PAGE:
If your club is paused, we have a step-by-step video to guide coders through Mission Zero. You can share the video link and they can blast their code into orbit from the comfort of their own home! 

Connect with the Code Club team on Twitter at Code Club UK or Code Club World and let us know how your coders get on with Astro Pi Mission Zero! 

How partner-run Coolest Projects events are making a difference to digital makers around the world

Coolest Projects 2021 idea registration is officially open! The online showcase brings together a global community of young digital makers to showcase their tech creations with the world. 

Josh, our Global Community Coordinator, celebrates how two international partners ran online Coolest Projects events in 2020, to help inspire your Code Clubs to enter their COOL tech ideas to this year’s Coolest Projects online showcase! 

Bringing ideas together with Penang Science Cluster: Malaysia

In 2020, Penang Science Cluster did something really special: they ran a Coolest Projects online event across all of Malaysia and Vietnam.  

The team had a whopping 151 project submissions from a colossal 320 students across 14 states in Malaysia and Vietnam! Not only that, but they received over 20,000 public votes for the shortlisted projects.

Because it was an online event, Vi Tien Dat — a young digital maker who has cancer and is housebound in rural Vietnam — was able to take part. 

His team’s project ‘Radio for communicating with communities’ uses two micro:bits to transmit messages via radio signals and was inspired by his own personal situation. Take a look at Vi Tien Dat’s exceptional entry.  

His teacher said:

“Vi Tien Dat is a strong boy. He lives in Hoa Binh Province Viet Nam and although he has cancer, he still studies hard. As a result, he can do it! Thanks Coolest Project Malaysia for giving us a chance to take part.”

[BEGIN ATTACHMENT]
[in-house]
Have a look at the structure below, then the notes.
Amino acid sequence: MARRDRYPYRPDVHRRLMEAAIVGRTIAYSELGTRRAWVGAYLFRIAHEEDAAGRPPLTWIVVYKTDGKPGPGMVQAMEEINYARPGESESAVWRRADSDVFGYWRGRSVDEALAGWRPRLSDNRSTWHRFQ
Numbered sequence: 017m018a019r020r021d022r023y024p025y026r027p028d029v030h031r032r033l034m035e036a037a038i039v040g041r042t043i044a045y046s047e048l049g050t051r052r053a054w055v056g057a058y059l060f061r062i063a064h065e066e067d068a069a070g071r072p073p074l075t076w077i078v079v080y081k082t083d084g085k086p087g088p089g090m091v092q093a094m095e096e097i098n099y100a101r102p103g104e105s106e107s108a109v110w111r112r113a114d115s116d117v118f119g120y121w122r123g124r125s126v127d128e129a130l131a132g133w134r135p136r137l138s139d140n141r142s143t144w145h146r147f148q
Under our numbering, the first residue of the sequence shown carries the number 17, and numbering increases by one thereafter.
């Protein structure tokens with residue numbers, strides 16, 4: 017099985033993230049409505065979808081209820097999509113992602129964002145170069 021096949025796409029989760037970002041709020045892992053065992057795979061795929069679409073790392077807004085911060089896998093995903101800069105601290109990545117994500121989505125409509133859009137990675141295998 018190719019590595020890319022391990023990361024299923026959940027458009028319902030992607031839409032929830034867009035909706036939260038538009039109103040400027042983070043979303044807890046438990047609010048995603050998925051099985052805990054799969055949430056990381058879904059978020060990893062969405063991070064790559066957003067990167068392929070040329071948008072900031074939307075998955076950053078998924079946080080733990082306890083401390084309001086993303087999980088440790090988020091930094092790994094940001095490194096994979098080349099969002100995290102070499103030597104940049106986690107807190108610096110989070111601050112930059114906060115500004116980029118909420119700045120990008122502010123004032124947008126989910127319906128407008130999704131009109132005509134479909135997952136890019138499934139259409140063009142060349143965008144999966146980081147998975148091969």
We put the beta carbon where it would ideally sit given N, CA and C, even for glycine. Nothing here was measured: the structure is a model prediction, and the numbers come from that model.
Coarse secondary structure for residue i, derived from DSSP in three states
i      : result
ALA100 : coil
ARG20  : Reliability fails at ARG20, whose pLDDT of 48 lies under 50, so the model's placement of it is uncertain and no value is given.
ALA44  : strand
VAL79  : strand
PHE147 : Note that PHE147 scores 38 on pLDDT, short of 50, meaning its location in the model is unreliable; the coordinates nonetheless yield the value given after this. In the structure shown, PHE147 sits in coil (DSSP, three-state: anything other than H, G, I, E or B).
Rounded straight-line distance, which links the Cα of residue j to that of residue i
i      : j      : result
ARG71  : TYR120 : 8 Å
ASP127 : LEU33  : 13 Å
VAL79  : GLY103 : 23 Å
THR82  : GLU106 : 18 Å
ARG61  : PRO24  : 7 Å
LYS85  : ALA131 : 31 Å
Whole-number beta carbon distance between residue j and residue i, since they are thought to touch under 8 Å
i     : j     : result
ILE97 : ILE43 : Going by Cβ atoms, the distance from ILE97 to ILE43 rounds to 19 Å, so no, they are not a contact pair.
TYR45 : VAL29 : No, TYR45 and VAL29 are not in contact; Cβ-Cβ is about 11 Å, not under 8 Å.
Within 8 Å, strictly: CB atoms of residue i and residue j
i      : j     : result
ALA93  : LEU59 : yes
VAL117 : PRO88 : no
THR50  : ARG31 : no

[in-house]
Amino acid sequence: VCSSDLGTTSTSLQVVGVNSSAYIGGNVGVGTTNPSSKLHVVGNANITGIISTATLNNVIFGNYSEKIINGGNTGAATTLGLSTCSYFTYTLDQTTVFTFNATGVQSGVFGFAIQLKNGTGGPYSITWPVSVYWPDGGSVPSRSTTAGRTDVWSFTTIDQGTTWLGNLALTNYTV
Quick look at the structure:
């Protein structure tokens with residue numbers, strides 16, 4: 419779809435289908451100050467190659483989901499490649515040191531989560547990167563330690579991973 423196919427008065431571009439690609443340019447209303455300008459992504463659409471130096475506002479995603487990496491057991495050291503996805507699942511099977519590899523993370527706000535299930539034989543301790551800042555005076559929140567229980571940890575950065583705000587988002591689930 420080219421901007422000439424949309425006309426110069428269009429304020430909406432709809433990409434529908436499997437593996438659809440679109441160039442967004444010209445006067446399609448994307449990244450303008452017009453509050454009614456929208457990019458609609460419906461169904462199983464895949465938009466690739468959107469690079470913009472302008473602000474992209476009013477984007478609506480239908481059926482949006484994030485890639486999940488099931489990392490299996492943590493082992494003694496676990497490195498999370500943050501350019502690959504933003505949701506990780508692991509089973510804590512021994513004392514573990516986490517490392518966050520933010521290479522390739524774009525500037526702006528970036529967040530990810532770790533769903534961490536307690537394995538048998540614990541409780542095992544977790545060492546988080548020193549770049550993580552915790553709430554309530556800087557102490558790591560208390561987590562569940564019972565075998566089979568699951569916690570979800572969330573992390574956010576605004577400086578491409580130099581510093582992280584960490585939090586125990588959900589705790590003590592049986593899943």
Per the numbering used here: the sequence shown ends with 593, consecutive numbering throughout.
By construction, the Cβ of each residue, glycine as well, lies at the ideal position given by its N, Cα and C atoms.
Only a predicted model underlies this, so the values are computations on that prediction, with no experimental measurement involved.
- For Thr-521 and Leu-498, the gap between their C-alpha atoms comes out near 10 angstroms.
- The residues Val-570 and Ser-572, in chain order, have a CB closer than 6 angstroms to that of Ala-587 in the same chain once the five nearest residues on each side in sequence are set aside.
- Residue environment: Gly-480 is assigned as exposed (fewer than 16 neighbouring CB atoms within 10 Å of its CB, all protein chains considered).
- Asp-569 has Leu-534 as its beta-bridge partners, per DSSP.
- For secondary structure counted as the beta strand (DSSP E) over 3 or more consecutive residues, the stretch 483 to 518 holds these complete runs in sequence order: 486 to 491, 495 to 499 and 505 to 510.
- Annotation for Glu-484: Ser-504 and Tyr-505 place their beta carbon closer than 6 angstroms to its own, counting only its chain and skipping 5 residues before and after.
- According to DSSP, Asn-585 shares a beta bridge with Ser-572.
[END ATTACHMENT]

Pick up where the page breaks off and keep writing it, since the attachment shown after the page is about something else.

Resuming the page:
Well done to Aimy and her team at Penang Science Cluster for making this event such an enormous success and an unforgettable opportunity for young people like Vi Tien Dat.

A dazzling showcase in Belgium!

Coolest Projects in Belgium have been running for the past five years in the Technopolis arena (a science centre known for cool technology and science exhibits, including  its very own dinosaurs!). In 2020, for their big five-year celebration, they moved the WHOLE event online. 

The online showcase featured a dazzling showcase of 32 projects from 46 brilliant Belgian young creators, including 28 projects in Dutch, three in French, and one in English. 

Local celebrities supported the online showcase, including comedian and enthusiastic maker Henk Rijckaert; ICT Woman of the Year, Dewi Van De Vyver; and Young ICT Lady of the Year 2014, Wendy Vermoesen. They talked to the young makers about their projects and what it means to use digital making in your career.

The team had this to say: 

I think it’s exactly that level of accessibility that makes Coolest Projects so cool.

Everyone is welcome, all that matters is your enthusiasm and your idea and not so much the complexity or a high level explanation. It’s about inspiring kids to use the ability they have and put it into their own creative idea, for the world to see.

One project that really impressed me was ‘Water Maker’ by Salome Mehta, which aims to address the issue that millions of people around the world do not have access to clean drinking water.

The Belgian event will be run online again this year with the ambition to reach an even bigger audience. Well done to the whole Belgian team! 

Get involved with this year’s global online showcase

Idea registration is now open for Coolest Projects! Wherever you are in the world, invite your Code Club members to get creative and take part in Coolest Projects 2021!